Cybercrime , Cybercrime as-a-service , Fraud Management & Cybercrime

Feds Charge Four in New Darkode Case

All Four Charged With Racketeering Conspiracy
Feds Charge Four in New Darkode Case

Federal prosecutors have indicted four people, including one U.S. citizen, on racketeering and other charges for their role in developing and distributing malware through Darkode, a notorious online forum for hackers that international law enforcement closed four years ago.

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All four are charged with racketeering conspiracy and conspiracy to commit wire fraud and bank fraud, according to the U.S. Attorney's Office for the District of Columbia, which is overseeing the case.

The indictment was filed under seal on December 4, 2018, and unsealed on Wednesday this week. One person in the case, Thomas McCormick, 26, of Washington State, who also went by the name "fubar," has already been arrested by the FBI and remains in custody, according to the charging document in the case.

The three other indicted suspects in the case, Matjaz Skorjanc, 32, of Slovenia; Florencio Carro Ruiz, 40, of Spain; and Mentor Leniqi, 35, of Slovenia remain at large, according to court documents.

In addition to the new charges announced this week, prosecutors believe that Skorjanc, who also went by the names "iserdo" and "serdo," helped organize the original Darkode. Skorjanc is also suspected of selling malware known as the ButterFly bot, which was used to build the Mariposa botnet, which Spanish police dismantled in 2009.

Darkode Goes Dark

In July 2015, the FBI, along with Europol and its European Cyber Crime Center, shuttered Darkode, a notorious dark net site that specialized in the buying and selling of malware, zero-day exploits and access to compromised servers (see: Police Shutter Darkode Cybercrime Forum).

In addition to the buying and selling of malware and other hacking tools, Darkode functioned as a collective with 250 to 300 active members. Those members aimed to recruit new members who could enrich the forum with new skills or software that would allow the group to infect an ever-expanding number of PCs with malware, and then use them for criminal purposes, according to law enforcement.

"Darkode members allegedly used each other's skills and products to infect computers and electronic devices of victims around the world with malware and, thereby gain access to, and control over, those devices," according to the new court papers filed this week.

At the time of the police operation that brought Darkode down in 2015, law enforcement either searched, charged or arrested 70 different people worldwide as part of that case.

Although federal prosecutors believe that the four suspects indicted this week belonged to the Darkode collective, it's not clear why the charges against them were filed nearly four years after the site shut down. A spokesperson for the U.S. Attorney's Office did not return a call seeking additional comment.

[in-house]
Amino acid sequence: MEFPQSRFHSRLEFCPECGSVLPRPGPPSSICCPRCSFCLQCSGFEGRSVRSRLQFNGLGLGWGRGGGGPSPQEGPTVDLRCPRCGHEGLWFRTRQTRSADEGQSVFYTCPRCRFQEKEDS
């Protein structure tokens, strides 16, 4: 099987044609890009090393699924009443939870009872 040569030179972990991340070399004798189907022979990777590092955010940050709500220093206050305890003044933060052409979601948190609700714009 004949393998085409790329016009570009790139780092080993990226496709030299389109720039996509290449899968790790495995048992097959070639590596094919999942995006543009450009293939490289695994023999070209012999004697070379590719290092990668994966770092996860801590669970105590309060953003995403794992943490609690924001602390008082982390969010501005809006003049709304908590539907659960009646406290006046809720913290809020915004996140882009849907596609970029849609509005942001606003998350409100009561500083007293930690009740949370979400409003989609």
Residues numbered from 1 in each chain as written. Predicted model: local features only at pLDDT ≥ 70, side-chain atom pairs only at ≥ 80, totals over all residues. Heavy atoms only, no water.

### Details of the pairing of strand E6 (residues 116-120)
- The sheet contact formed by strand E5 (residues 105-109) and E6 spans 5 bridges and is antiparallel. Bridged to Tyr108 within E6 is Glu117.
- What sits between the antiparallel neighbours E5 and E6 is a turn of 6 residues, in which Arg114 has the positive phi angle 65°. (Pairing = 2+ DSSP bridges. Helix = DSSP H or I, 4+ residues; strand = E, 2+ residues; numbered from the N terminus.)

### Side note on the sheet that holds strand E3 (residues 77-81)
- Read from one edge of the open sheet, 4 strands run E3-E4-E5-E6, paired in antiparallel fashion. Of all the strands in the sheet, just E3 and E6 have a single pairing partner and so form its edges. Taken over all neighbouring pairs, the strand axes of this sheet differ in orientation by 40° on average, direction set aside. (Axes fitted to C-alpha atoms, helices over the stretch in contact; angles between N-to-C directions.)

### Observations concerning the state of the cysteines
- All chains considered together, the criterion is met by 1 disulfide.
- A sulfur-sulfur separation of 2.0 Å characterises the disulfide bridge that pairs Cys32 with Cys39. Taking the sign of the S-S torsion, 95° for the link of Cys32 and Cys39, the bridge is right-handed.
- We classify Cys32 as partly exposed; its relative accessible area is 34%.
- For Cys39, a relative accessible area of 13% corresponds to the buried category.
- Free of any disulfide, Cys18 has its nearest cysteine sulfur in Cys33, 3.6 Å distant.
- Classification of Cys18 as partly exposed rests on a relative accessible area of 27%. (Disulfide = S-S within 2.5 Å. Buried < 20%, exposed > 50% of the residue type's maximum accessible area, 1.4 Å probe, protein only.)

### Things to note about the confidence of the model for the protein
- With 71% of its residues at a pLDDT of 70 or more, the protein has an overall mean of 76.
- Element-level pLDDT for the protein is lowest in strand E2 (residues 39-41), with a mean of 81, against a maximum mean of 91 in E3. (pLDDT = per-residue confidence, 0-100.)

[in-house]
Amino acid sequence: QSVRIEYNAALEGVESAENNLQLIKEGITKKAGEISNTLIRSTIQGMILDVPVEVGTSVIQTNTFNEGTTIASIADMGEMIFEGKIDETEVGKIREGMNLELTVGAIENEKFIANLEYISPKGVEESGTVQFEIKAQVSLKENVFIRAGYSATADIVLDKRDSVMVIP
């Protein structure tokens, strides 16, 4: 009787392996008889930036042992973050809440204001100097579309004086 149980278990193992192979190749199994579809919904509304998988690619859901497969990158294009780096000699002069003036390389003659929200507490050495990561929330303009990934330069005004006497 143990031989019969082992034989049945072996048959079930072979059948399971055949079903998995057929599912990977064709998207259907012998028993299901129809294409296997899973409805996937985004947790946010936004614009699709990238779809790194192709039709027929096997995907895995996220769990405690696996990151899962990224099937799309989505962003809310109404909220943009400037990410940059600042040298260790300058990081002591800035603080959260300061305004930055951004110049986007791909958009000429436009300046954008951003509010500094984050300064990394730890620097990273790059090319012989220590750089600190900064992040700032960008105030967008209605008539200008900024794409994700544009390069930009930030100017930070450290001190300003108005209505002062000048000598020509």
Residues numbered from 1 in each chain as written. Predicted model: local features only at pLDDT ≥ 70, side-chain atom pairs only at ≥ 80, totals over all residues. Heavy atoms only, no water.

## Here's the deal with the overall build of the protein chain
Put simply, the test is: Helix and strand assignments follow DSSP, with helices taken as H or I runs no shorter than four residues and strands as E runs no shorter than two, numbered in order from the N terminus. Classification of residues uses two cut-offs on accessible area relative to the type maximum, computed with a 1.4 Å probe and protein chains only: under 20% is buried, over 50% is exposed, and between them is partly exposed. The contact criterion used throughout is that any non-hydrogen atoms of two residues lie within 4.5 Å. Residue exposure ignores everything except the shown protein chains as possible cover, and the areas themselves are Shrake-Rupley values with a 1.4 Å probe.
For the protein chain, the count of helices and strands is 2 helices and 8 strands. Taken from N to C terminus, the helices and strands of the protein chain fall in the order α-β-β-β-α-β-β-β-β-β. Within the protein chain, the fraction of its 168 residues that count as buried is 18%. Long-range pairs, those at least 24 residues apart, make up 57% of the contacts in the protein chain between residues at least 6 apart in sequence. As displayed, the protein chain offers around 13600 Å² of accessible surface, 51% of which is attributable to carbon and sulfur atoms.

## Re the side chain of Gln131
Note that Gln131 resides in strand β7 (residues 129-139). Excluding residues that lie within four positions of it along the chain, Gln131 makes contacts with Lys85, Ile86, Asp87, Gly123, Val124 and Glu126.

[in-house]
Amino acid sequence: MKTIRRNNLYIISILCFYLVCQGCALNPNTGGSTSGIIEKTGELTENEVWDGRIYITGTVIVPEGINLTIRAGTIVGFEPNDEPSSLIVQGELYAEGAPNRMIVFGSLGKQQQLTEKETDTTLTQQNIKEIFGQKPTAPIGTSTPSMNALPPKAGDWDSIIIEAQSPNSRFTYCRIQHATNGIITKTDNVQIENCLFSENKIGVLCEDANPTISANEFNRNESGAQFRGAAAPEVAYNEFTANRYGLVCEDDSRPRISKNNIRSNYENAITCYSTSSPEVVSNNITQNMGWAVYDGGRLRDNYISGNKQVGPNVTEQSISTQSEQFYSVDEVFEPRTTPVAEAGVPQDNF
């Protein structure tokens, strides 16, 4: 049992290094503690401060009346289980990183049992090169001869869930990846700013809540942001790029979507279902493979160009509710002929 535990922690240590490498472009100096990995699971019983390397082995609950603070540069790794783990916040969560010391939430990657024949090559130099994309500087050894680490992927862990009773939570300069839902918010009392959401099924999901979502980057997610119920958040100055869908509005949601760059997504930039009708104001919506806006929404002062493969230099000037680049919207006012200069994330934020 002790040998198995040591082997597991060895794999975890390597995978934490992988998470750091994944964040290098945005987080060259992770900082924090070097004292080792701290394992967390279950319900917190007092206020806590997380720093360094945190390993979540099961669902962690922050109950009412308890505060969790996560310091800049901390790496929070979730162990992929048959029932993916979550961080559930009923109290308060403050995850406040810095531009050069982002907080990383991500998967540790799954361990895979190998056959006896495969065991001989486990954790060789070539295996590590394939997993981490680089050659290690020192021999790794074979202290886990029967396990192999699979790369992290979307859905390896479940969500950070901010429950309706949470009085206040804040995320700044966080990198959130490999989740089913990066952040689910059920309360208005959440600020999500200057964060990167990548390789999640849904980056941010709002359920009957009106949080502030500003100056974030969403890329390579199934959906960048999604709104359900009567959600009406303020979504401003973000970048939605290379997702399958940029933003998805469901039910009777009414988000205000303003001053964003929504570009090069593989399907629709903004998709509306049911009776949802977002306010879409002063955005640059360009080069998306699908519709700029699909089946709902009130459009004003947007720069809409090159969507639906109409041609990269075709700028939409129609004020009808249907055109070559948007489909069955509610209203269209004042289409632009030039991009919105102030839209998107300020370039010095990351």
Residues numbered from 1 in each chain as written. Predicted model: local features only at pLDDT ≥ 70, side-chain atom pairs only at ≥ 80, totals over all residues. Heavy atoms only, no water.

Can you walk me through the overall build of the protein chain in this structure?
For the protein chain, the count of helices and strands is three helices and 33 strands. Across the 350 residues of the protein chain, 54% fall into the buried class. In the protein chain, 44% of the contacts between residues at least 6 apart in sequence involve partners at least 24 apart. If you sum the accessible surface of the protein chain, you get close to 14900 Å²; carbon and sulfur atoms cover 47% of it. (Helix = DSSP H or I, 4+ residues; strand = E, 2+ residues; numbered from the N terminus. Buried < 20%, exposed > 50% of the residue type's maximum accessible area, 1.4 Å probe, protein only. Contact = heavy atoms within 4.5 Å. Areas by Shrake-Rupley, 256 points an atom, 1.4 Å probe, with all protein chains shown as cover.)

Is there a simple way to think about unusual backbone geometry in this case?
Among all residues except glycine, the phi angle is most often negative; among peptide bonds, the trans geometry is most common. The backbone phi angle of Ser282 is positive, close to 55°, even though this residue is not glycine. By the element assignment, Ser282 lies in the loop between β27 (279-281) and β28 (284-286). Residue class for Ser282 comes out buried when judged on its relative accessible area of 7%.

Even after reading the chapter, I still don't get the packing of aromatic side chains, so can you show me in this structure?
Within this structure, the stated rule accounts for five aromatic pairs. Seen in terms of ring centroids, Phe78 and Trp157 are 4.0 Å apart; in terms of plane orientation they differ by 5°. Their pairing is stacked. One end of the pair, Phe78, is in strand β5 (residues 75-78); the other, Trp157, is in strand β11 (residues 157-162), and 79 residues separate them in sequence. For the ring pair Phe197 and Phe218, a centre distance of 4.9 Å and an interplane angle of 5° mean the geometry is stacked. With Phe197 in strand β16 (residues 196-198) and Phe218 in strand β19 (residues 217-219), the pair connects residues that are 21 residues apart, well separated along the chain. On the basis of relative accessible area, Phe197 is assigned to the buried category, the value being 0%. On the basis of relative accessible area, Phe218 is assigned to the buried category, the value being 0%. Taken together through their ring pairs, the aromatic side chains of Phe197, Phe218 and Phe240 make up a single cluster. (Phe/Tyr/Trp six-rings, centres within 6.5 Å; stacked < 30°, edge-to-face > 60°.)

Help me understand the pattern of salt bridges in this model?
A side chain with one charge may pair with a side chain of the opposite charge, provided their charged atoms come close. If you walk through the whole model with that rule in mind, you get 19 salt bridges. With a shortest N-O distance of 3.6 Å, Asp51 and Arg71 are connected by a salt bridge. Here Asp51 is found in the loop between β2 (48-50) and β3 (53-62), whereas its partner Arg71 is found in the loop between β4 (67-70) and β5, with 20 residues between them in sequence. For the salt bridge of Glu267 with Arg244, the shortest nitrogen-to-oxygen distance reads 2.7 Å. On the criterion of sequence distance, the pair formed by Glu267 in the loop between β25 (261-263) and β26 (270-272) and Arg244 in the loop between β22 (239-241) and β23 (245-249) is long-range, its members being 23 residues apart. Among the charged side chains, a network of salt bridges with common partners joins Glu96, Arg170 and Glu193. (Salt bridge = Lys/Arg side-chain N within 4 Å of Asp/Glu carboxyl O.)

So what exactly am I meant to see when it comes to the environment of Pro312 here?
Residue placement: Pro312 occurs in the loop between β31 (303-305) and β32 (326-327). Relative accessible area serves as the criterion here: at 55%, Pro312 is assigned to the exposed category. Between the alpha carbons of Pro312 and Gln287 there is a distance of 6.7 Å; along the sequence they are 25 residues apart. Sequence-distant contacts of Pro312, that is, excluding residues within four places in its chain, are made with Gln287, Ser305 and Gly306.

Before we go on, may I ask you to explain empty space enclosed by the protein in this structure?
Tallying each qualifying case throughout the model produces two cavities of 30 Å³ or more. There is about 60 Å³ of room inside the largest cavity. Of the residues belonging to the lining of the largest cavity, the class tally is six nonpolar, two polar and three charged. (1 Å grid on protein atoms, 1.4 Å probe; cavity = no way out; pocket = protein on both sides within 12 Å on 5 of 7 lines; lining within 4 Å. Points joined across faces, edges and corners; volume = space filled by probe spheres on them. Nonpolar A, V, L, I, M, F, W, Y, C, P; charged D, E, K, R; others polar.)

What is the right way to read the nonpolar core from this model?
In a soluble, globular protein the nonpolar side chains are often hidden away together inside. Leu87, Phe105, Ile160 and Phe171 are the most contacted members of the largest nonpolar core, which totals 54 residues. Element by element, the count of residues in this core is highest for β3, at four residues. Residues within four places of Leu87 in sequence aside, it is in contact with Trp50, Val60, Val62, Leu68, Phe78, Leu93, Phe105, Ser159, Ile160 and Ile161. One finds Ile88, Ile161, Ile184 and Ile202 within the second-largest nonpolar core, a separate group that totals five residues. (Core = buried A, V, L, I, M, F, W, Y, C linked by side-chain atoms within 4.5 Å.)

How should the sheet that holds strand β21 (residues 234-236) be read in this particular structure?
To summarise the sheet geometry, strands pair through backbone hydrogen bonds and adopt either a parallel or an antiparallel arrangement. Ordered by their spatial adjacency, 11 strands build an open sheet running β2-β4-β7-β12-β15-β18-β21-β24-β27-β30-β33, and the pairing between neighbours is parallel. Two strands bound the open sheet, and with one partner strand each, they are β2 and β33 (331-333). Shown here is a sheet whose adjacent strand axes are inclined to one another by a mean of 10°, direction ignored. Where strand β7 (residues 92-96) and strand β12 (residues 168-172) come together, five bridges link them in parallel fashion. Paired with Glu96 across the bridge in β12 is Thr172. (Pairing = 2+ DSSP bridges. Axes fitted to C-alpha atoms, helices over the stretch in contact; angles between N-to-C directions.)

If convicted of racketeering conspiracy, the suspects in this case could face a maximum of 20 years in federal prison. The maximum sentence for wire fraud and bank fraud is 30 years in federal prison, according to the U.S. Attorney's Office.

In addition to the other charges, McCormick was indicted on five counts of aggravated identity theft, according to the charging papers unsealed this week.

A Revived Darkode

While law enforcement closed the original Darkode site in 2015, there have been several attempts to revive the collective under new leadership over the past four years (see: Darkode Reboot: All Bark, No Bite?).

In April of this year, Forbes published a story that the forum is now back, including a new Twitter account, and is collecting new exploits to sell and share.

One the hackers involved in the new Darkode site told Forbes that Skorjanc has handed the leadership of the collective to another person to act as administrator. There about 1,000 people active on the site in any given week, according to the story.


About the Author

Scott Ferguson

Scott Ferguson

Managing Editor, News Desk

Ferguson is the managing editor for the news desk at Information Security Media Group. He's been covering the IT industry for more than 13 years. Before joining ISMG, Ferguson was editor-in-chief at eWEEK and director of audience development for InformationWeek. He's also written and edited for Light Reading, Security Now, Enterprise Cloud News, TU-Automotive, Dice Insights and DevOps.com.




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